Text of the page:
But it is always the City Police which is the first responder to such threats. Today, the only force that can be mustered for the duty is the Kerala Police Commando unit. Yes, we have commandoes, trained by the National Security Guard (NSG), similarly clad in black and armed to the teeth with automatic weapons.


Kerala Police Commando

The problem is that there are only about 35 of these crack cops right now and they are usually deployed all over the place, guarding Lord Ayyappan and the CM being two of the most high visibility deployments. Behind them are eight armed police battalions equipped mostly with the good ol' World War II vintage .303 rifle which is better employed as a club against AK-47 wielding miscreants. Finally, the local police lack even these and have to make do with that most basic of weapons, the lathi. All fine against petty goons and the odd mob but pointing straight to a massacre against any kinsmen of the lot who shot up Mumbai. Evidently, the number of commandos need to be beefed up quickly and modern weapons issued to the armed police as well as the local constabulary. SLRs are already being slowly introduced into the armed police, the transition needs to be completed in the coming year and automatic side-arms issued to all police stations. We are better off than most of India in terms of the ratio of policemen to population, so we need to build on that. And while the Police is equipped with bomb detection gear and crack K-9s, X-ray machines, explosives detectors and robots to help defuse bombs need to be added at the earliest.

Logistics is the last requirement to ensure that the law enforcers are there at the right time, in the right place to protect us. The police vehicle fleet needs to be supplemented to enter two new dimensions - air and sea. A dedicated police helicopter, which can also work as a disaster rescue unit, is a dire need. With a longer coast than Maharashtra, Kerala needs to keep vigilant eyes out to sea. When smuggled goods and contraband were popular in the days of Sagar alias Jacky or Vincent Gomas, these days clandestine shipments are of a far more sinister nature - the kind which go bang in spectacular fashion. With thousands of ships from 30 ton trawlers to 350,000 ton supertankers sailing close to the coast of Trivandrum and a very large population of fisherfolk, infiltration by sea is not just possible, it is very probable. The Coast Guard will be keeping their eyes wide open based out of Vizhinjam and further out to sea, the Navy is already present. They have asked for a presence at the upcoming deep-water port at Vizhinjam and they are here to stay. But we need more pairs of eyes closer in, because the Coast Guard operates only from 12 nautical miles from the coast and the Navy much further out. Kerala already has a Marine Enforcement division, what they need are high-tech, fast patrol boats capable of running down any suspicious craft as well as the firepower to deal with any terror boats once they catch them.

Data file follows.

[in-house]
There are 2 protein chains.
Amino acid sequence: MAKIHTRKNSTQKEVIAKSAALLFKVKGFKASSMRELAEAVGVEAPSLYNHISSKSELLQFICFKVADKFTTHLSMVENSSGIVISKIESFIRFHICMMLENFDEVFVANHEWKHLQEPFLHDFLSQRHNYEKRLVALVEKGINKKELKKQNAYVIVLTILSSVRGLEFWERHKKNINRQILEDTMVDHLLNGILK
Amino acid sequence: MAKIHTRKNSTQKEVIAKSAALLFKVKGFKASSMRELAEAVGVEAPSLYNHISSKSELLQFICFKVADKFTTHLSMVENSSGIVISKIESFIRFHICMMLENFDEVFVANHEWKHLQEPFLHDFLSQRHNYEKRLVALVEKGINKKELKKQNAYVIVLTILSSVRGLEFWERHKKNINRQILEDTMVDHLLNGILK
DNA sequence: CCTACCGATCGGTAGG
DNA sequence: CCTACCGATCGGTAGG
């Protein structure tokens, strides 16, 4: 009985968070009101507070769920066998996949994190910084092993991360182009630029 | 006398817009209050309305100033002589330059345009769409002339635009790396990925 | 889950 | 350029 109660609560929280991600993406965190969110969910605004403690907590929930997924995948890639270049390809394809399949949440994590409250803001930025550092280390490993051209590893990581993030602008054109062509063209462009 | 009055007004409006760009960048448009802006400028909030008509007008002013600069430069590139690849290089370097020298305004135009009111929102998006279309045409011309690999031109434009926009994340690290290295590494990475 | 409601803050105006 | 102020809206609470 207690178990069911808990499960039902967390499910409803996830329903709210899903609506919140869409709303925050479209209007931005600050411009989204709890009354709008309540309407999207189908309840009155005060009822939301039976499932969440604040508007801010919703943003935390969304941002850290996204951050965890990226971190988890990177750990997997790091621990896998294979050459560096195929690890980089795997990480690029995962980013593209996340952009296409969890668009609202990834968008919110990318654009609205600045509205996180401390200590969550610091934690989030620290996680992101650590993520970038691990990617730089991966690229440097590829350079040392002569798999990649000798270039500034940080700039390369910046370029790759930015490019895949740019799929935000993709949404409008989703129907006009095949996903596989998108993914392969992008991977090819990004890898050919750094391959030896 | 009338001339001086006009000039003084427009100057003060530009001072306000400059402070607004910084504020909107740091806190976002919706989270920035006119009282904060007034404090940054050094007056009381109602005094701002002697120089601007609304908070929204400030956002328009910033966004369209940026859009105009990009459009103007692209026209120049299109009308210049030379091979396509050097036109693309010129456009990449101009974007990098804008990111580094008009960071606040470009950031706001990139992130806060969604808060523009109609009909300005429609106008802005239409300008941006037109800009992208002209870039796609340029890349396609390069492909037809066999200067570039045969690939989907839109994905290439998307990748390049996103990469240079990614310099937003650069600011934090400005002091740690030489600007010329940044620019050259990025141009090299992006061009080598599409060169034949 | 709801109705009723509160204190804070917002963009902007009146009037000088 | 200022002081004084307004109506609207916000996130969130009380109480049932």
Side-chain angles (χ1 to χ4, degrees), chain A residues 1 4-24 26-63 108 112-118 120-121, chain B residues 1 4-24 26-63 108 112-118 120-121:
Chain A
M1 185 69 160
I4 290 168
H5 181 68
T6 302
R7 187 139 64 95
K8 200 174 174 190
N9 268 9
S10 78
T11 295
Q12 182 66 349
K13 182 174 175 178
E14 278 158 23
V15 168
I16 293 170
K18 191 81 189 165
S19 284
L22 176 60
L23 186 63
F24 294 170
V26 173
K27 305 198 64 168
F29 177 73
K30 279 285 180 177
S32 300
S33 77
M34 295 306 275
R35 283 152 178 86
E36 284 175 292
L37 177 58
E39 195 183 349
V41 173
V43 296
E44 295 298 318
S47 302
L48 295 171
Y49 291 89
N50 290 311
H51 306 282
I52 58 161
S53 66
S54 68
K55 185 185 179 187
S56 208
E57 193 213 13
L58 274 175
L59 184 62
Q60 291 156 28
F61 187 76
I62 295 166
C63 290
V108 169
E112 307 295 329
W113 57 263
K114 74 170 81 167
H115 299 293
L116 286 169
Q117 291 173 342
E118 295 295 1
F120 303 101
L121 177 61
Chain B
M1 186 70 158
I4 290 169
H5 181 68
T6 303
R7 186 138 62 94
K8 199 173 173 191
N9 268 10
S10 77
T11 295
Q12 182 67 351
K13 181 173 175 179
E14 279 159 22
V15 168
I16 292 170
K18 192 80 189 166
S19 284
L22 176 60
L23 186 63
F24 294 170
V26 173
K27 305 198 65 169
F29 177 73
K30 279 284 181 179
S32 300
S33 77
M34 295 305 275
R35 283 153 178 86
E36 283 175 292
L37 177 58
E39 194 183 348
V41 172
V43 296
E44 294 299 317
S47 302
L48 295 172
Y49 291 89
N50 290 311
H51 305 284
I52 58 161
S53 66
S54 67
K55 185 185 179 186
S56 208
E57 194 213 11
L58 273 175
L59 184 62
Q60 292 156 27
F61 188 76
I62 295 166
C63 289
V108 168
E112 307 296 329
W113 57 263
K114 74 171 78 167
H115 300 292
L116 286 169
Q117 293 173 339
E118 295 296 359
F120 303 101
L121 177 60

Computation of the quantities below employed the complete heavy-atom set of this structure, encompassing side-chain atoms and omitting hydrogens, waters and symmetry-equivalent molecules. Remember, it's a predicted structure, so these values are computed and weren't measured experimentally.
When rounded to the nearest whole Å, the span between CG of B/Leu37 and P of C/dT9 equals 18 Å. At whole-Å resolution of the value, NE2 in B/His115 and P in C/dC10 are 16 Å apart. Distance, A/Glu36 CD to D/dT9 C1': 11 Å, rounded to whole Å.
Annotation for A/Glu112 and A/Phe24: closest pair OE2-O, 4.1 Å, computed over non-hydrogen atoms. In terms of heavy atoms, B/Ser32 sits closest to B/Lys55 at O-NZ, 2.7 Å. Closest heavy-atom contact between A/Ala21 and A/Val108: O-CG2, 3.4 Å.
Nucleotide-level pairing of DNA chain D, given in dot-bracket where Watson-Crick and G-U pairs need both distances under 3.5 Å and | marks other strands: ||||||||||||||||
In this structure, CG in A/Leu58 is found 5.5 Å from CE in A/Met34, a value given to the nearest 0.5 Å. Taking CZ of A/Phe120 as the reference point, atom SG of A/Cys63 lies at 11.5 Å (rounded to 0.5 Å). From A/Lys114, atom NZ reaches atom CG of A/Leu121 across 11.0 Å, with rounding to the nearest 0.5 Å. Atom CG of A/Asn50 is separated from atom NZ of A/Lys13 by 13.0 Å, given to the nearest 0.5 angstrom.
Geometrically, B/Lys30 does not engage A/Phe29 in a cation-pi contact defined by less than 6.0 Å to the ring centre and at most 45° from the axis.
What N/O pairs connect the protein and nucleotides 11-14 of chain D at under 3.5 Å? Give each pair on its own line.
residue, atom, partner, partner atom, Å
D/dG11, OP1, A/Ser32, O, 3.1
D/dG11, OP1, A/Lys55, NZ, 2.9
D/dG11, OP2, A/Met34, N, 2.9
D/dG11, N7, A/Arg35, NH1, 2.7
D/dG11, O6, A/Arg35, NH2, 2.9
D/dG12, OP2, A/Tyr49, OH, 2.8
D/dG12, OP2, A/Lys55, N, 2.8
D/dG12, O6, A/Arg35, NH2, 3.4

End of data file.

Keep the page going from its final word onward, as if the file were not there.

And finally it is down to all of us to be vigilant, and to stop living in peaceful bliss. Once the wrong kind of people decide to check out the place where India's space triumphs start or where its biggest container terminal is located, we could all be wishing that the action stayed on screen. After all, there is always a war going on around us, it is only a question of how aware we are of it.

Jai Hind!

3 comments:

  1. a very informative article

    "A city where an armed policeman is about as common as an ice cube in the Sahara, and armed at best with an antique Enfield .303 rifle twice his age!"
    this sentence sums up the state of the famed kerala police..
    with its vast coastline, kerala is like an open goal post for terrorists. Its time we covered it up by revamping the forces

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  2. Very well compiled article..You've researched quite well for the details for the post..Well done Ajay!

    Kerala has been left out of the terrorists book only by chance. Considering all the security issues briefed here it is only a matter of time b4 they decide to have a go at our cities or temples...

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  3. Good article. Some more additions.

    The vote bank based politics is a big concern. Laws related to security are not enforced or even enacted because most terrorists happen to belong to one particular minority community.

    Trivandrum is base for southwest aircommand. A seperate airstrip for airforce should be urgently setup at Trivandrum as the present civilian airport (shared with airforce) location near to sea is an "easy" target.

    The present coast guard station at Vizhinjam is namesake with little facilities. Presently the coast guard station comes under western command. A new command called southern coast guard command may be thought of, based at Vizhinjam.

    Coastal police stations may be set up in the state over the 550km stretch at intervals of 50km for effective monitoring. Marine police may be trained and posted at these coastal police stations for policing the coastal areas.

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Thanks for your comment, I will take a look at it and put it up at the earliest.